Written by Aleksandra Kozieł
The European Union is now a recognisable economic and political cooperation of 28 countries. Historically it was known as European Coal and Steel Community, followed by European Communities and officially established as European Union by Maastricht Treaty. Since the very beginning it focused on economic cooperation, then on political aspects; it was not well-known for its cooperation over cultural issues. But can the EU be responsible for cultural heritage of its member states?
The first decades of the European Coal and Steel Community, then the European Communities were absolutely not focused on cultural matters. In fact, the importance of cultural integration was pushed aside over economy, but with the time passing by member states started to realise that the cooperation cannot be built only on the economical factors. Within years the topic of common heritage was slowly injected into the European policy. Politicians started to realise that common aims might be better understood by citizens of the EU in relation to common past and defining the common heritage. That’s how the idea of the European Heritage Label was created.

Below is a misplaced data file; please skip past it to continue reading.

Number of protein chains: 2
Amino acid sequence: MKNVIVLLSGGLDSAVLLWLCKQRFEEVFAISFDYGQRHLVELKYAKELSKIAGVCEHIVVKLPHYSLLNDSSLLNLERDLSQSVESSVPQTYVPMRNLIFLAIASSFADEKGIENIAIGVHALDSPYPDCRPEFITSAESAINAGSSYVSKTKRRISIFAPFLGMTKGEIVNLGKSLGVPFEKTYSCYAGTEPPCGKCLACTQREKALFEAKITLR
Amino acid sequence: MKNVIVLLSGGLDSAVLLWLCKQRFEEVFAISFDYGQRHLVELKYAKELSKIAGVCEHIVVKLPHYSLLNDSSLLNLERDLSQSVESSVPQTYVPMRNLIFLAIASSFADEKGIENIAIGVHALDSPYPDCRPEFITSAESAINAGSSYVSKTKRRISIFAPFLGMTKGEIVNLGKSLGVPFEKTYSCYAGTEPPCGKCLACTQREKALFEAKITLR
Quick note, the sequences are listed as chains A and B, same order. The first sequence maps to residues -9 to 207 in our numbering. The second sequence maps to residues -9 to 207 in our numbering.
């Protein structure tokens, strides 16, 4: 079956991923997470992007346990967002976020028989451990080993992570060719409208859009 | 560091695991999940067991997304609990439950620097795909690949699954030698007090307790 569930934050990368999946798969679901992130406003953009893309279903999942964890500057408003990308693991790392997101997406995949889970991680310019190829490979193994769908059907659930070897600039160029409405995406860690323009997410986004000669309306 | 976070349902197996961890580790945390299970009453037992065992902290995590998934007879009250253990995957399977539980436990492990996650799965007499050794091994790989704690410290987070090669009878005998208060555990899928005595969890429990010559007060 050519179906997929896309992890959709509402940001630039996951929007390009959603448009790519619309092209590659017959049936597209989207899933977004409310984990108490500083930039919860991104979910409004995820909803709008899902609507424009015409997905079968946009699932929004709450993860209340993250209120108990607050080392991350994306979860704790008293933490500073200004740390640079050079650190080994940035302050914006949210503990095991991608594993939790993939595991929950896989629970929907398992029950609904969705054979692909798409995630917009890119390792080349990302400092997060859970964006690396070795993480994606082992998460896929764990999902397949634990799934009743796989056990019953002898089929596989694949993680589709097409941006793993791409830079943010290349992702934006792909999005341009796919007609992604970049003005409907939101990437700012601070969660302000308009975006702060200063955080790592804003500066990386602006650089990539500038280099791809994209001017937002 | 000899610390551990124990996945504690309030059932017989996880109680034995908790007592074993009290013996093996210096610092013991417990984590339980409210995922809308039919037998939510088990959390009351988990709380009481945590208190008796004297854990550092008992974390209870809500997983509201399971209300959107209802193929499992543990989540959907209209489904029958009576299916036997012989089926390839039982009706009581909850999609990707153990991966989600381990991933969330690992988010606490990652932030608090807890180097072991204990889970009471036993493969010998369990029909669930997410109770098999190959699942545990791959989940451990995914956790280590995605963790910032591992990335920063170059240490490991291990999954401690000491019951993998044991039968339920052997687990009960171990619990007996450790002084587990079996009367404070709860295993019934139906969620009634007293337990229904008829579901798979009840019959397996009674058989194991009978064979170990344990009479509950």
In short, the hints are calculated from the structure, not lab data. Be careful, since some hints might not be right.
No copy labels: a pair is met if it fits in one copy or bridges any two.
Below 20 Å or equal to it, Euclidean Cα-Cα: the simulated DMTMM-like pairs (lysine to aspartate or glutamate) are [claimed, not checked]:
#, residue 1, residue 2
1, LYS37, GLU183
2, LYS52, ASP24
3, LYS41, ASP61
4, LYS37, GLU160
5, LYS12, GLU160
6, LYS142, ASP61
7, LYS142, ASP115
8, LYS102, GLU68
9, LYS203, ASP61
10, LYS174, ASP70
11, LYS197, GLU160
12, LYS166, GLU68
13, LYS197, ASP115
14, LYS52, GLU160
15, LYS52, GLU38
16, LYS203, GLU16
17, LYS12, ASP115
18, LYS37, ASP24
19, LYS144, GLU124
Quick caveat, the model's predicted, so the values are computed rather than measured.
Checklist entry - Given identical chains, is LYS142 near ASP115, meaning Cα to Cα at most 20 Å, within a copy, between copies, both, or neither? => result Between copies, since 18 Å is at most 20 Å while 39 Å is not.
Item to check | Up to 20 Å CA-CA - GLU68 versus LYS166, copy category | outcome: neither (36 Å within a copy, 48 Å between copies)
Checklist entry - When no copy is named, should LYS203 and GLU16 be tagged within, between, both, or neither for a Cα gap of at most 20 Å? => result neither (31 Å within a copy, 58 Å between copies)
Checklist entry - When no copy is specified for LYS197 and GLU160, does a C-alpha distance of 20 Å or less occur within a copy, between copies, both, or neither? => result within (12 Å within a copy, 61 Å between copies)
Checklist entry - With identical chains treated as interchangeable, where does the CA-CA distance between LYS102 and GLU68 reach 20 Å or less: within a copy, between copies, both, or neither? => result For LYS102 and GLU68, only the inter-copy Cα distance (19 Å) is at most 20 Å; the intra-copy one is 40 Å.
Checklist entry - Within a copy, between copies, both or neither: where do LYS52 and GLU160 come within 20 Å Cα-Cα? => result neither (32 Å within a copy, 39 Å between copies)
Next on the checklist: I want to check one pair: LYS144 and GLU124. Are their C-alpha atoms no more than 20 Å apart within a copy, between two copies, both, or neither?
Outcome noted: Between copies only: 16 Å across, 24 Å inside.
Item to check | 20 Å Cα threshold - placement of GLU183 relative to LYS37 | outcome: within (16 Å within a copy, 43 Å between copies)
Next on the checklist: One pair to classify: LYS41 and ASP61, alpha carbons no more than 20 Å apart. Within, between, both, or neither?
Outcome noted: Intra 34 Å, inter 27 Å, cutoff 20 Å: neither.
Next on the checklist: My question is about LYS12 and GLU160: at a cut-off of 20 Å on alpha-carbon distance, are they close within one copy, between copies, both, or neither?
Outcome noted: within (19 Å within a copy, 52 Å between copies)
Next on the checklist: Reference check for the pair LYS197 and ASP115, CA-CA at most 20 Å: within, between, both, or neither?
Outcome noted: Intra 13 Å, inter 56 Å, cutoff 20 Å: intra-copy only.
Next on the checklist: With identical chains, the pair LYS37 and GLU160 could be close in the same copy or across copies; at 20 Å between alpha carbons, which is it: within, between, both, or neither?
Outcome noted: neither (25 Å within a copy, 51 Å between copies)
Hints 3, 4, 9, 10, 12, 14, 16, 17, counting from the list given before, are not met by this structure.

Can we define one moment in the timeline of building common heritage in the EU when it all started? Not clearly. But the EHL initiative was first discussed in 2005, when the first ideas appeared during Rencontres pour l’Europe de la Culture talks. But year 2006 is more often recognised as the landmark in creating common European initiative. The person who stood behind intergovernmental action was French Minister of Culture, Rennaud Donnedieu de Vabres. He suggested that it is necessary for Europeans to have a common reference point to identify with the European citizenship, idea still abstract for many people. The best and easiest way to provide common point within the European community was a reference to the widely understood European heritage.